• Alex Huszti - BelleDental

Dental Phobia - Is it Real?



Dental Phobia, like all fear, has an irrational element to it. This “mysterious” element – present with almost any fear you would like to name – is the key to unlocking and overcoming the phobia, but there also needs to be a desire to understand the fear and “let it go”.

If the desire to hang onto the fear (which is an emotional drug, and as such has an addictive element to it) is greater than the desire to release it and experience change (change always has an aspect of emotional discomfort associated with it, simply because it is new and different), then dental phobia wins.


WHAT ARE THE FACTORS ASSOCIATED WITH DENTAL PHOBIA?

One of the most common experiences that patients with dental phobia feel is similar to the feeling that they are “going to die”. This is a very common statement from dental phobics. Yet this statement – a highly charged feeling of impending doom – can easily be replicated in other ways.

One of the easiest ways to replicate this is being held underwater. A lack of ability to breathe will result in a natural response of “fight and flight” – this is a replication of “I’m going to die!”. Breathing and oxygen levels are some of your brain’s highest order monitoring. Your brain monitors your breathing and oxygen levels on a second-by-second rolling basis. As soon as your breathing starts to slow in rate – alarm bells go off everywhere. This is why difficulty with breathing and lowered oxygen levels amplify stress responses quickly and severely (a breathing rate of 6 breaths per minute, long term, is incompatible with life).


WHAT DOES THIS HAVE TO DO WITH DENTAL PHOBIA?

Dentistry presents quite a unique problem. Because the treatment we are conducting is occurring in a patient’s mouth and the treatment often involves the use of water and water sprays, the patient’s brain is often tricked into thinking that because there is ‘something in their mouth and they can’t breathe. The natural response is to hold one’s breath – which has the natural effect of massively escalating anxiety – the patient is in effect drowning in a dental surgery! It is no surprise that these patients dread visiting the dentist.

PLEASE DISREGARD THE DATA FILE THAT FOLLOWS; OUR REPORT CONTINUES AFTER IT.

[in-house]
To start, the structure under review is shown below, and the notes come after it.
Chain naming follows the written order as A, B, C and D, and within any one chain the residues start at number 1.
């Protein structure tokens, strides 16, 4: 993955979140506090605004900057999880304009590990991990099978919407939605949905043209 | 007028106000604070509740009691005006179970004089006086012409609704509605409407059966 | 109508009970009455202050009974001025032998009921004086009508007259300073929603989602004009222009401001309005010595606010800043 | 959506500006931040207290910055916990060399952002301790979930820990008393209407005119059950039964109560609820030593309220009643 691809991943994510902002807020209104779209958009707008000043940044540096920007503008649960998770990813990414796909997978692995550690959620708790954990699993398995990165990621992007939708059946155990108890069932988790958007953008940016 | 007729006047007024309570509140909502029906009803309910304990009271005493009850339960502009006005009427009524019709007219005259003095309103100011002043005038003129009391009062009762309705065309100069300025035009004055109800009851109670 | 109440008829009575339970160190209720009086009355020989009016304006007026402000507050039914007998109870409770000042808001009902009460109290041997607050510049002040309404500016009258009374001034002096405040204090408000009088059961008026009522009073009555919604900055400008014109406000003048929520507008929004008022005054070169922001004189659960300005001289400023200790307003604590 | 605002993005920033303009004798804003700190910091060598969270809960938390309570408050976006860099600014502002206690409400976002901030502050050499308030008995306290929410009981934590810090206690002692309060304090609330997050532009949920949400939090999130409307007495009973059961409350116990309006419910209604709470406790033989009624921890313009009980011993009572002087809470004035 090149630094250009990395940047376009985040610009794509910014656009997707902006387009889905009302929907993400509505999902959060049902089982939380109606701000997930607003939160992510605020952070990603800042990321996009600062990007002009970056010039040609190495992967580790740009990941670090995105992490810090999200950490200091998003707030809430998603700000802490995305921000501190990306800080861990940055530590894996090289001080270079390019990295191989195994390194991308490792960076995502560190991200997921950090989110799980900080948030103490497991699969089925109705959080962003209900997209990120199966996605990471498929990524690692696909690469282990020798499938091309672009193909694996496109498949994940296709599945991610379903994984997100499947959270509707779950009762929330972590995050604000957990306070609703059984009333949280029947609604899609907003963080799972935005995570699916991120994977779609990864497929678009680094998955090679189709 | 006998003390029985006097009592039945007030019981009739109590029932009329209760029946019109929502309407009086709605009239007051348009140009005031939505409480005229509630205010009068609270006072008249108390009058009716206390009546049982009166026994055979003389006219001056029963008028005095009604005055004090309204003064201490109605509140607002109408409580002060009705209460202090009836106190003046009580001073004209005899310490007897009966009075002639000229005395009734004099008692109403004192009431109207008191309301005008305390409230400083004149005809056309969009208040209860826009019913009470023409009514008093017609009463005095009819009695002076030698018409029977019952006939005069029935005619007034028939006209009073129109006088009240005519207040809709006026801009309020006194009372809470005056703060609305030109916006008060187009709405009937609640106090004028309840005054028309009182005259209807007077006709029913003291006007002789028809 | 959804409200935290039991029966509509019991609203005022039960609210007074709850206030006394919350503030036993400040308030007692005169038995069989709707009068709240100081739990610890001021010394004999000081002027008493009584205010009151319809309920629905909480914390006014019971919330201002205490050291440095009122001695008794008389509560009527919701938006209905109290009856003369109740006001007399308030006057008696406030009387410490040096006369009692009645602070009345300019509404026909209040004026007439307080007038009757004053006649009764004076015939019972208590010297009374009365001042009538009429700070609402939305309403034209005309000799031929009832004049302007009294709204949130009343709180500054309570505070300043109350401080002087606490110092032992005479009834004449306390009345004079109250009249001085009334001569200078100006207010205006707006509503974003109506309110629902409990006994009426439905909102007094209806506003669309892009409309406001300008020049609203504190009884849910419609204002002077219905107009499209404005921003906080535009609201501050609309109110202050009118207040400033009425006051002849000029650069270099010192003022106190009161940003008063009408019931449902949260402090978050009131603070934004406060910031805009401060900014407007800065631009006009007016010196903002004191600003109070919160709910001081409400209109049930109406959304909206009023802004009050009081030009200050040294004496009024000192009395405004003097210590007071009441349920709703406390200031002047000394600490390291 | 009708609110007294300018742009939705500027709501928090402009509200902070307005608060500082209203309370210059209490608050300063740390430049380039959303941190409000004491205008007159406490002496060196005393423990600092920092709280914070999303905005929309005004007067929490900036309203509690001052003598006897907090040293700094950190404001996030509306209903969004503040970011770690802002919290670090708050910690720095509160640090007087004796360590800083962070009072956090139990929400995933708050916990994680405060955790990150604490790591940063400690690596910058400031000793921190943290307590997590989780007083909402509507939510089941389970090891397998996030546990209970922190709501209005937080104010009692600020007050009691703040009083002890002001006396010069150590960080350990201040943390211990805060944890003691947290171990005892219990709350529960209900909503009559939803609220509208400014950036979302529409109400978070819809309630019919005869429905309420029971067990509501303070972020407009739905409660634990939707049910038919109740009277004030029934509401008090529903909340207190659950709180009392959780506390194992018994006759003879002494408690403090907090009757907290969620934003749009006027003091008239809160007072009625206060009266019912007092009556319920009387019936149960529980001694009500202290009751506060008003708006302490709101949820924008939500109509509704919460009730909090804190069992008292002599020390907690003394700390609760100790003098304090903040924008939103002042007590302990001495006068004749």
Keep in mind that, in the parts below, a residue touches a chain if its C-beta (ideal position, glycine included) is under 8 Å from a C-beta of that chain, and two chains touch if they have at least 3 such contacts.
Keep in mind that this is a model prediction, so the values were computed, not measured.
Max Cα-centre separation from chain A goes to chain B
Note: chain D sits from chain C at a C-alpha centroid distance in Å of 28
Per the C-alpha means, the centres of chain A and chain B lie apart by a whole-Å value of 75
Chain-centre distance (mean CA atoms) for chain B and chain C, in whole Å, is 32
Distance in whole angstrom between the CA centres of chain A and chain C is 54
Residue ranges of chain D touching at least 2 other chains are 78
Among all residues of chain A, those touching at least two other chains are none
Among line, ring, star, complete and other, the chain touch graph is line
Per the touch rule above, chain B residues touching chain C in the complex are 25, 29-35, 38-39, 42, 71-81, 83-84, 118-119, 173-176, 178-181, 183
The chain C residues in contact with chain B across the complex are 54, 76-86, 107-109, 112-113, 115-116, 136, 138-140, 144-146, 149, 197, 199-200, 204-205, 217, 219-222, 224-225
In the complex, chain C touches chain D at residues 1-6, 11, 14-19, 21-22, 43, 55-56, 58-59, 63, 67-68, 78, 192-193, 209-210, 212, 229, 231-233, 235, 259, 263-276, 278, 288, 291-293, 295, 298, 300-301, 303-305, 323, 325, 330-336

WHAT IS THE ONE THING A DENTAL PHOBIC CAN DO TO REDUCE THEIR ANXIETY?

The answer is to learn how to breathe through their nose while holding water in their mouth. Weird, isn’t it?

Dental phobics should regularly practice holding some water in their mouth – with their mouth wide open; head tilted back – while simultaneously breathing through their nose. This is precisely the situation they will encounter in a dental surgery. If any individual can hold water in their open mouth while breathing through their nose for a period of a number of minutes – breathing constantly and steadily – they will have made significant headway against their dental phobia.


I also understand that breathing through your nose may initially feel as though you can’t get enough volume of air moving through. Try nasal decongestants and be persistent – your ability to breathe through your nose can be developed and can have other significant health benefits (such as improved sleep – try searching “mouth taping” for more information!)

Sure, I’m willing to concede that what I have suggested is not the total solution by any stretch of the imagination. It does, however, provide a practical exercise to being able to breathe with relative ease in a dental treatment situation. And breathing is absolutely critical to managing anxiety and stress in any situation. Especially one involving foreign instruments in your mouth!


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